Love & Hate for India



I am two hours away from landing in Budapest, and I am super excited. Six months in India can be life changing, but quite demanding. I am ready for a strong shot of civilization. What exactly does that mean? I want to stand online without someone cutting me off, I want to have fresh salad, I want to go running, I want to walk down the street in privacy, I want to take a hot shower, I want to drink water from the tap, I want my kitchen. I don’t want a bindi on my forehead,  I don’t want to bargain for food, I don’t want to wake up to the smell of burning plastic, I don’t want to hear dogs barking all night, I don’t want to hear Indians forcefully clearing their throat, I don’t want a mouse eating my food, and I certainly don’t want any more ants chewing on my panties.

– India, for now I must leave, but don’t worry in October I plan to come back.

There is something about this place that makes people return, including myself. I traveled to 38 countries, yet India is the one that I gravitate towards the most. This time was my third time and who knows how many more times I will return.

One of my friends, who’s never been to India, can not believe that I would even want to go there in the first place. – The poverty, the people, the smell, the food, the hygiene – he kept the negative list rolling out of all the things he picked up from TV and the net.

Yes, it’s hard to believe, but how can you believe if you’ve never been?

To enjoy India you have to give it a chance, minimum one month or more. If it’s only two weeks you will most likely hate it. If you give yourself a couple of weeks for the hectic to become the norm, only then the inner bliss of India will shine through.

I can’t answer my friend why I keep returning. Amongst all the craze I find peace, a peace which allows me to go deeper in and connect with my being. Somehow India provides a perfect environment to slow down and reconnect with the self. Time is not an issue, daily routines don’t really exist, and the facilities for yoga, meditation and other spiritual activities are simply incomparable to the western money making establishments. Ok, maybe they are not so clean, and not so fancy looking but that’s all part of it, to find peace and depth within, you don’t need to look out.

India has the roads to spiritual awakening. It’s where a new journey for me began, where I realized that I am not my thoughts, I am not my body and not a long list of things I thought I was.. It’s here where God became so clear to me, and now I believe. How can I hate this place? Why wouldn’t I want to come back?

During my second time visiting India, I was walking to Mooji’s satsangs and it became so clear to me why India rocks. A rickshaw driver was driving on the ghats near the river Ganges, mid aged women were doing laundry in the water, visitors were doing a puja in the soapy water, a dog was eating dead goats’ corpses on the banks of the river and little kids were insisting that I buy flowers, all happening in the same time and place. There were no rules, no fines, simply survival and daily chores. It was then that I realized that in India you can be free, there is only one rule, the rule of nature, and no one else is there to tell you how to walk, when to walk and how much you should pay to walk. It’s the subtle freedom in the “unfree” India that makes it one of a kind. But there are many more things that makes India awesome, you simply need to be open and try to see things from a different perspective. Coming from a society with strict rules, where the grass is green and the social order is automatic, one can very easily learn to hate India. This is why you need time.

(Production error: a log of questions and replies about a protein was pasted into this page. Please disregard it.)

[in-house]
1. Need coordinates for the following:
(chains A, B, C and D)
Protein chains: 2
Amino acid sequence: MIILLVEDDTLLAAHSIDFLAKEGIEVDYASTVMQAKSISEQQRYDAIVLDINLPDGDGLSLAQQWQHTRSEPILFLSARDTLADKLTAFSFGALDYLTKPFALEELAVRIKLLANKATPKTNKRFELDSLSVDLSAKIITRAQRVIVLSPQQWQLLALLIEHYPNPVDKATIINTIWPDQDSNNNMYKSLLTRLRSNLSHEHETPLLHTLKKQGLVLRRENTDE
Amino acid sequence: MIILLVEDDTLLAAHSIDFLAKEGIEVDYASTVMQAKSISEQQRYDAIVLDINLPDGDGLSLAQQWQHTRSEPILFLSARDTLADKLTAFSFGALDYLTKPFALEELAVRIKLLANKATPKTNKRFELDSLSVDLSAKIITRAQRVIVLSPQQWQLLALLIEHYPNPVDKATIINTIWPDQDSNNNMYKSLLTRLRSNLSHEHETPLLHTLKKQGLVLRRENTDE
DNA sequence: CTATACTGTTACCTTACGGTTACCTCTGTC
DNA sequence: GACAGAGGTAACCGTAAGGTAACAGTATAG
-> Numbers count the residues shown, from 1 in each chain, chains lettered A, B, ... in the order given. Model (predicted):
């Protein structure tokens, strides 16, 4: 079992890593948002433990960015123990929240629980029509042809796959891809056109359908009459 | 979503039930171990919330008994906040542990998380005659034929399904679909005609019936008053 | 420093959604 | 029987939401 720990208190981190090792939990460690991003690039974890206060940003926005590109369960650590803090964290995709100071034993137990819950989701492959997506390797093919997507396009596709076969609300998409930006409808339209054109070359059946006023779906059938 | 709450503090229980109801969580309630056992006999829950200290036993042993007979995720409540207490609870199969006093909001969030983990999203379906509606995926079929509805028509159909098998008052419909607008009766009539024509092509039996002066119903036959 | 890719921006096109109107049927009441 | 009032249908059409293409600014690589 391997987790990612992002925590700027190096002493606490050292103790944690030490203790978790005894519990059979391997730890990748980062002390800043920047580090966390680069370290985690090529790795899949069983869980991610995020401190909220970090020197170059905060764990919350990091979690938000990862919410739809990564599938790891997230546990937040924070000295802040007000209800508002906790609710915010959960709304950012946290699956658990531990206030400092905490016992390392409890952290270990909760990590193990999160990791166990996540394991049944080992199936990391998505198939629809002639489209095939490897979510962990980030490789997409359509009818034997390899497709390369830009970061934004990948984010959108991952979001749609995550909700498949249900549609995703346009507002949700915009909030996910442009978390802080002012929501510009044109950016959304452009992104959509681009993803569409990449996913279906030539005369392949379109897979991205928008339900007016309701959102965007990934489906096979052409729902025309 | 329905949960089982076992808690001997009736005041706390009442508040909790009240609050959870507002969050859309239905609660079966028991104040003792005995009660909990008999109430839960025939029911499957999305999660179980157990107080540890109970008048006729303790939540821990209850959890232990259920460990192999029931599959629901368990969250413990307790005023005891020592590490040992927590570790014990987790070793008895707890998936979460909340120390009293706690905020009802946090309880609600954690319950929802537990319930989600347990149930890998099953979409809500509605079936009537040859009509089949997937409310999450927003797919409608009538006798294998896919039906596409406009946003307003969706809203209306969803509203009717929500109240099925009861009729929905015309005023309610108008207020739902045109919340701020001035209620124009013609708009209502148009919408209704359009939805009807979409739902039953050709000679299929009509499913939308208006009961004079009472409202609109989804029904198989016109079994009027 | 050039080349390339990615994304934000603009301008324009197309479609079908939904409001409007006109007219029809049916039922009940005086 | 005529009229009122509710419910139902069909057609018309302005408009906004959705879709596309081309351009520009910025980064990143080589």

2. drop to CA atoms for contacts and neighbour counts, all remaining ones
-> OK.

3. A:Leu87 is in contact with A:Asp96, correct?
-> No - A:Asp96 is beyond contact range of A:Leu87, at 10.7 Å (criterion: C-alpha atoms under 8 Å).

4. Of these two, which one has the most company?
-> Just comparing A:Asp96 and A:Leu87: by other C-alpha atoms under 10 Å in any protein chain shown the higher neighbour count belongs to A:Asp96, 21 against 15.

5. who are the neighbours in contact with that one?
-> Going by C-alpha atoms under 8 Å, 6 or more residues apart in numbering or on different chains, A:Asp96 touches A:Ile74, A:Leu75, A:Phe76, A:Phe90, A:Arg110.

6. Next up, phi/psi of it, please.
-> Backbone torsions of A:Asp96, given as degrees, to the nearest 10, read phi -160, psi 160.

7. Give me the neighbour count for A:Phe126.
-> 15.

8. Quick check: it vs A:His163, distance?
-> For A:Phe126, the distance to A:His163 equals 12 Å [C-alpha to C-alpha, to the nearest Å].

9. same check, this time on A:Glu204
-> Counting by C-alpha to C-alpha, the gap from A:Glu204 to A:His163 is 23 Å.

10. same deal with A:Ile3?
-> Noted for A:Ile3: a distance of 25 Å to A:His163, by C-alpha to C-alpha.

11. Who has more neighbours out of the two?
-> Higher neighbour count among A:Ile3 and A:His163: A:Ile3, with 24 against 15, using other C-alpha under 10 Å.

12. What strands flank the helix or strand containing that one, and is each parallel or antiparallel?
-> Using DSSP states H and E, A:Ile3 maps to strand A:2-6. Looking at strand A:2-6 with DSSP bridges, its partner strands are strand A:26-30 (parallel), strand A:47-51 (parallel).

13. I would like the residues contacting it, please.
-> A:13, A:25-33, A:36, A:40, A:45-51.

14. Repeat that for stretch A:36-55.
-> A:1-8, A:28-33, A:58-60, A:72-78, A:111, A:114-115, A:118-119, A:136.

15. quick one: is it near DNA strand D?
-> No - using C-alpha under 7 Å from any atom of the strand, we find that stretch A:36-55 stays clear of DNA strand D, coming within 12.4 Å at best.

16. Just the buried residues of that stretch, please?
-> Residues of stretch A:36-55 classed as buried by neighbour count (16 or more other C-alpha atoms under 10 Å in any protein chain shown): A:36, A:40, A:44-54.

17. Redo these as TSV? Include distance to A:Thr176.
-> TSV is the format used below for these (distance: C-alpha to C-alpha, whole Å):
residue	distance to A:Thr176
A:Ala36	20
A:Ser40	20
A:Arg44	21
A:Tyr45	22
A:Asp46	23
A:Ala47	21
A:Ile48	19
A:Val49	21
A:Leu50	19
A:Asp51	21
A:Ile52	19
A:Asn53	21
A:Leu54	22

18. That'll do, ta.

Aside from spirituality, the colors, the festive mentality and the wobbling head gestures are a must see. India will break you, teach you, scalp you and then most likely fix you. Don’t be afraid, don’t listen to the media, use your instinct and experience it for yourself. It can only be magic if you believe. There will be hate, there will be love but it’s the perfect balance to it all.

As I write this, I recall my first post Holy Cow Wow, when I first arrived to India and wow, there is definitely a change.

Rishikesh, Maharishi Ashram

Rishikesh, Vendangas Teacher Trainning 

Dheradun

Yoganga Yoga center

Mussoori

Varanasi

Varanasi

Rishikesh

On the train to Delhi

Backwaters, Varkala

Varkala

Udaipur

Delhi

Backwaters, Varkala

Chapati

View from Amma’s ashram, Varkala

Varkala

Varanasi

Varanasi

Varanasi

Varkala

Varanasi

Taj Mahal

Udaipur

Udaipur

Udaipur

Udaipur

Near Udaipur

Fabric Ashoka, with Krishna

30 hour train ride to Varkala

Varkala

Varkala

Varkala

Delhi

9 thoughts on “Love & Hate for India

  1. hey…..it was good to read about my own country from a diffrent purspective……whenever you are coming next you are welcome to Silvassa… i hope you must have visited Gujarat if not you must visit.

  2. And the pictures are amazing, makes us want to go to varkala, we haven't been there in the last 1.5 yrs we have been traveling , one of the few very places we missed in india

  3. Very well written post. It always amazes me that people who visit India either love it or hate it. They become either Indophobic or Indophilic!
    Now I'll recommend my foreign friends to stay at least for a month!

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